“Government is considering the advantages and disadvantages of taxing transfers of beneficial interests that happen outside of registrations at a land titles office, and assessing what the broader consequences for business competitiveness would be. This would be a fundamental change from the current property transfer tax, and is comparable to the creation of a new system with a new tax administration.”
Meanwhile, legitimate tax benefits and security concerns aside, the use of shell companies as corporate veils of anonymity to access real estate markets in Vancouver and around the world has transparency advocates increasingly concerned.
In its Doors Wide Open; Corruption and Real Estate in Four Key Markets report released March 31, Transparency International sounds the alarm over anonymous companies and trusts in Canada, Australia, the United Kingdom and the United States.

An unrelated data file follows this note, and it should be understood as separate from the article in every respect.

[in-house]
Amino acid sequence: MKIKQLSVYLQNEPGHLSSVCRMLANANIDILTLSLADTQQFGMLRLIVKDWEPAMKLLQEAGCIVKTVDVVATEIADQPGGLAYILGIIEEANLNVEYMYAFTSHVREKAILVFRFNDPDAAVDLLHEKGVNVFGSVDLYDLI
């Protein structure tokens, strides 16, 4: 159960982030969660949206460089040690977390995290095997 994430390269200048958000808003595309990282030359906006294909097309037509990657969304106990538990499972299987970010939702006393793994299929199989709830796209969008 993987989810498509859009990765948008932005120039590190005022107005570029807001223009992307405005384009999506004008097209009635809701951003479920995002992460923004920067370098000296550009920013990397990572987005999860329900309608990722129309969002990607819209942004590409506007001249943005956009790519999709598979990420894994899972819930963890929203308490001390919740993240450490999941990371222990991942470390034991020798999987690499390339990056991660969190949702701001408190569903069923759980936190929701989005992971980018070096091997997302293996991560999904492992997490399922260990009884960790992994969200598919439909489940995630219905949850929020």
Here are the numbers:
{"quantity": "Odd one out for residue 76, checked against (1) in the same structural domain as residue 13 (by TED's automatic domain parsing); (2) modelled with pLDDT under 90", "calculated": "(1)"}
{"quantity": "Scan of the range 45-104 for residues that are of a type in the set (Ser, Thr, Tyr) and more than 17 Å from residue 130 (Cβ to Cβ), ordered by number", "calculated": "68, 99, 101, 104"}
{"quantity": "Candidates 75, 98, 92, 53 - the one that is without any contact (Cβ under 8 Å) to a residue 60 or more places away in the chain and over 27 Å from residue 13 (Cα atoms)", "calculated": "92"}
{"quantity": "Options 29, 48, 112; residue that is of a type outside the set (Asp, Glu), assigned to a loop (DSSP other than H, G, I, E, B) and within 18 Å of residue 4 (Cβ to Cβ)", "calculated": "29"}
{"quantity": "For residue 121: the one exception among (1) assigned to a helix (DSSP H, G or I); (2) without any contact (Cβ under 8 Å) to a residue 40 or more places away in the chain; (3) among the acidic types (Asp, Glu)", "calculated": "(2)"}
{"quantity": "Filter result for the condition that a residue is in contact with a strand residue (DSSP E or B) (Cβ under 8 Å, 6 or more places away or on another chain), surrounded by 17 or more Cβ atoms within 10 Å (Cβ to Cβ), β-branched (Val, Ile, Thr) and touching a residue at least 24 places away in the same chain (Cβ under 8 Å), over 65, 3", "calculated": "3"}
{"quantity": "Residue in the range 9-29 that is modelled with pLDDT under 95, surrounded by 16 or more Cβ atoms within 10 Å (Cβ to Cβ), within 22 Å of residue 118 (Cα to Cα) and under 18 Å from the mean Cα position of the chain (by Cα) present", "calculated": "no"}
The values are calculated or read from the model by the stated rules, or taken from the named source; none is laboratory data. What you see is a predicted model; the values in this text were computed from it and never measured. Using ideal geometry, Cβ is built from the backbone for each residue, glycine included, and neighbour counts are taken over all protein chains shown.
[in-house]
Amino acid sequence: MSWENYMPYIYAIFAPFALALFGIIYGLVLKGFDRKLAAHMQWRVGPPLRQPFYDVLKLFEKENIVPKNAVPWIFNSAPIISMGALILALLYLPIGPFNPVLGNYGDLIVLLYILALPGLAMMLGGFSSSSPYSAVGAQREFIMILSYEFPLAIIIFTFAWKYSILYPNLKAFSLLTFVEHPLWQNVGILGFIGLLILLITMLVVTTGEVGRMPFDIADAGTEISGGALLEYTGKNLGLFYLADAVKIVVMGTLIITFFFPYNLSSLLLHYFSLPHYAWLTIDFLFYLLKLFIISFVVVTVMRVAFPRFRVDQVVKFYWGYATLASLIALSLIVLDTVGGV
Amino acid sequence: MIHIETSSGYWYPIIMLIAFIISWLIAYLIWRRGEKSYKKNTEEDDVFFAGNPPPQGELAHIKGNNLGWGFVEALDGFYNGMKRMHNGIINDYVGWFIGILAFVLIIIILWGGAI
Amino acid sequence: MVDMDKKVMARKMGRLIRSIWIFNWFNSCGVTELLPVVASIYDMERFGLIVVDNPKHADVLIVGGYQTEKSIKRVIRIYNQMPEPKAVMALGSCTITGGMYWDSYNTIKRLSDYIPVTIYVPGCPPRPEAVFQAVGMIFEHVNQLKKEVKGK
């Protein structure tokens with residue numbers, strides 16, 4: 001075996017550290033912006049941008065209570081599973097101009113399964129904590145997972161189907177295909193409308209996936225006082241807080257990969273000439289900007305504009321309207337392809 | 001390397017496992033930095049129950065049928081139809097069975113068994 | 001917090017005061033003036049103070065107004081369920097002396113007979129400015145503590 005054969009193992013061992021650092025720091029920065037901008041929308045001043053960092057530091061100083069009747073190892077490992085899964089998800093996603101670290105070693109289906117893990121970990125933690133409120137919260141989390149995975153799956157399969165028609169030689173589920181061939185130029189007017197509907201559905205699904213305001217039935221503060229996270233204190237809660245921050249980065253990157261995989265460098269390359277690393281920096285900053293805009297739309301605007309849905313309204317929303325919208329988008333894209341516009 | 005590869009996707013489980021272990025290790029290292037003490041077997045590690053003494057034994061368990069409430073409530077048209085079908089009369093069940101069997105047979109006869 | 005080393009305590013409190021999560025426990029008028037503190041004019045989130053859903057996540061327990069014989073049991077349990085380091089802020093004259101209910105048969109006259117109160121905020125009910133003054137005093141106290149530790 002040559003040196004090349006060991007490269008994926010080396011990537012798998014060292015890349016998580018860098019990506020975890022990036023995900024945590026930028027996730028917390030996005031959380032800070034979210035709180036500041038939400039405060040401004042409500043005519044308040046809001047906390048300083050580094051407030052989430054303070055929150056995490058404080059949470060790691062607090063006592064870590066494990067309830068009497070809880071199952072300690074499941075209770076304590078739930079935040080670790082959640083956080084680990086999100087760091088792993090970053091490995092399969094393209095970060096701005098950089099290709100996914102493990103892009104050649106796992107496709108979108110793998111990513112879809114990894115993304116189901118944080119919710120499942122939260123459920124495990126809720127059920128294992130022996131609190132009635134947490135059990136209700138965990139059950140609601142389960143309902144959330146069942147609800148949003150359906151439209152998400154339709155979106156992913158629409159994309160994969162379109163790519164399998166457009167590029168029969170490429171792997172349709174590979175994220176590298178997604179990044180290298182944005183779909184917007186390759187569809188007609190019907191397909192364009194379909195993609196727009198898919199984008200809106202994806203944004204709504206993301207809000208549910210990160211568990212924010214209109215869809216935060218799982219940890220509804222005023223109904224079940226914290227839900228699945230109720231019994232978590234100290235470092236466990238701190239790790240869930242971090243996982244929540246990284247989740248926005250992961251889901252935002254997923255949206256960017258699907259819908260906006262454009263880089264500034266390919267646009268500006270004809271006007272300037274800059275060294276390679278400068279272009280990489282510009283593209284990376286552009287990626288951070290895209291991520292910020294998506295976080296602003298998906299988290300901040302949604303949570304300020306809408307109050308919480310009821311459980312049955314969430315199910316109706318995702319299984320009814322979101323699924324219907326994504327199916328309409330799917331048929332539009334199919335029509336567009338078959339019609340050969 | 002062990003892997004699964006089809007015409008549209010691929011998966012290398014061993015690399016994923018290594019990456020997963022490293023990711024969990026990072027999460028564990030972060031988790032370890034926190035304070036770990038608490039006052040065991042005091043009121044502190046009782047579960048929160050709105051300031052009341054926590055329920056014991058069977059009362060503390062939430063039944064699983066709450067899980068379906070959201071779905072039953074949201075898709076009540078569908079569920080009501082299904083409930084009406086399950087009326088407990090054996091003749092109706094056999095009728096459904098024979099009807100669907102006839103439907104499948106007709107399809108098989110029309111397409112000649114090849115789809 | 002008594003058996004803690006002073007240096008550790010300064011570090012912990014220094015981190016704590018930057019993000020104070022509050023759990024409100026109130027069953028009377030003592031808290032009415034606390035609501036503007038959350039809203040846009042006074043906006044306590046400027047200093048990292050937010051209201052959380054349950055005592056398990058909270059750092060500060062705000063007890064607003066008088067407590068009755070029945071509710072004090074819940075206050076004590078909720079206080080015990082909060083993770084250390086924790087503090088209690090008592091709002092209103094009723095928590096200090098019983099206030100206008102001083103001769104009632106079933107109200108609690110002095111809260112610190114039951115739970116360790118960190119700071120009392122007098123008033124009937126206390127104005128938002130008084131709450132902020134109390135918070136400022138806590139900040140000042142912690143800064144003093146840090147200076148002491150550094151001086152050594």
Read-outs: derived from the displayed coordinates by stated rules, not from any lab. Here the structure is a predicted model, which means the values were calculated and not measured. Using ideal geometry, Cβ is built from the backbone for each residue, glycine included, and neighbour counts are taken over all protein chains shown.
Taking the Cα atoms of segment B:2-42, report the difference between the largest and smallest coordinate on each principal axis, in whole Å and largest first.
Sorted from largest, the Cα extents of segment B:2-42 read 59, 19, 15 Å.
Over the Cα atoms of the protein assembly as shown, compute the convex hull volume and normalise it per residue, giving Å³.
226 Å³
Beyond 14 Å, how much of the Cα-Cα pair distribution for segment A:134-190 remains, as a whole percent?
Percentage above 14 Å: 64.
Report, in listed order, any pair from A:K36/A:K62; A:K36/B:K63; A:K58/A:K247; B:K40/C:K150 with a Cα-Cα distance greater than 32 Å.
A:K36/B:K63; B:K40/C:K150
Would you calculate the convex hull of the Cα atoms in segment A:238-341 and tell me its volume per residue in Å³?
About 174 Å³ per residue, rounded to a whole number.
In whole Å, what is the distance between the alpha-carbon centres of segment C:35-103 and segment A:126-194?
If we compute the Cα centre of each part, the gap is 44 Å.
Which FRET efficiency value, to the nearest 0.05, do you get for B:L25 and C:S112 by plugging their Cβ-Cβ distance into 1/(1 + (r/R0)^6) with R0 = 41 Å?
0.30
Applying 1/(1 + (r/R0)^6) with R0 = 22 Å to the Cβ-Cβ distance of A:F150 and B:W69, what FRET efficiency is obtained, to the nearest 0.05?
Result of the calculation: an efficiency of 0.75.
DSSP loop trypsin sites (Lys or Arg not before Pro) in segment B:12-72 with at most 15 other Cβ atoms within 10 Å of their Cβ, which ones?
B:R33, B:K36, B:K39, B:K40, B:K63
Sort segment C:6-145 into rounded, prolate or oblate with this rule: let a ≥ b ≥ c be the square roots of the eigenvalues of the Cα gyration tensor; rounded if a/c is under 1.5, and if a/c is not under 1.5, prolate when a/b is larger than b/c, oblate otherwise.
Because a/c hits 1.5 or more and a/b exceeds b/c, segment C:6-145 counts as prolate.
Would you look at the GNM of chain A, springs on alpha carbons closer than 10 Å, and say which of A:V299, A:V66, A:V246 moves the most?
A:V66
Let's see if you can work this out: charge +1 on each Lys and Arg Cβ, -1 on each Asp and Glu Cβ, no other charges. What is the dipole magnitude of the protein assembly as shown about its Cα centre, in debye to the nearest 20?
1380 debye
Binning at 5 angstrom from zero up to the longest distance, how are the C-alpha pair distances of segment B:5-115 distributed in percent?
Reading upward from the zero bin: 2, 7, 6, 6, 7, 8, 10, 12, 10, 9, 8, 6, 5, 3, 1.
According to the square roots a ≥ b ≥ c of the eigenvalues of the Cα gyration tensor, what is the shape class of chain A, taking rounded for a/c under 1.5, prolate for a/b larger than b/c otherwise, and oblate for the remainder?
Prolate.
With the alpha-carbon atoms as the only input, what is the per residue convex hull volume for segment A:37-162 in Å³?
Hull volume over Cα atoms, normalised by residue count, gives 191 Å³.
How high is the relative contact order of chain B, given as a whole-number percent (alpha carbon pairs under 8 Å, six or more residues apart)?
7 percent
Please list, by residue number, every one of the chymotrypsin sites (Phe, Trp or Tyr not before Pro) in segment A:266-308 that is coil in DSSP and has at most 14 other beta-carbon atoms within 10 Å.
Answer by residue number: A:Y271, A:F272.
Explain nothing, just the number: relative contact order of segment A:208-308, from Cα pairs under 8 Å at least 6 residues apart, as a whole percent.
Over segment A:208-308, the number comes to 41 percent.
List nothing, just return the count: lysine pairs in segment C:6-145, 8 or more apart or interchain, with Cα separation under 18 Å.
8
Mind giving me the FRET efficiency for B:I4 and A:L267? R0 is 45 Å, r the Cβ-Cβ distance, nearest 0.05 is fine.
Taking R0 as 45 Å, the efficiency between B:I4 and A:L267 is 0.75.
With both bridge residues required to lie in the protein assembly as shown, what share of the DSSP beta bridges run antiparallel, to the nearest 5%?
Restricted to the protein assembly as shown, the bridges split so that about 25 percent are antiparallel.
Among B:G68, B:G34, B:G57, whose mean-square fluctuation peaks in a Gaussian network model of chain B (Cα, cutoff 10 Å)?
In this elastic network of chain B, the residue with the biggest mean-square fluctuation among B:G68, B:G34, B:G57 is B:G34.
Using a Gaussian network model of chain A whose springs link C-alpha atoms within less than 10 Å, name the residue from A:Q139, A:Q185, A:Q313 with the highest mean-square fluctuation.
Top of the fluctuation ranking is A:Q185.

“The ease with which such anonymous companies or trusts can acquire property and launder money is directly related to the insufficient rules and enforcement practices in attractive markets,” the report states.
The report’s Canadian findings draw upon No Reason to Hide: Unmasking the Anonymous Owners of Canadian Companies and Trusts, a Transparency International Canada report released last December written by Adam Ross, a corporate investigator and transparency advocate with Vancouver’s White Label Insights.
Ross told Business in Vancouver that shell companies have numerous legitimate uses such as limiting liability, though the high-end property market in the city is littered with multimillion-dollar homes owned by companies cloaked in secrecy.
“There are … legitimate tax purposes that you would set up and use a company for aside from trading in goods and services. But now people are able to kind of shop around to jurisdictions where there’s the lowest level of transparency and disclosure when it comes to setting up a company. And unfortunately, Canada is one of the least transparent jurisdictions in the world.”
The lack of transparency associated with offshore tax havens has awoken the public and governments the world over to the use and potential abuse of anonymous corporate entities.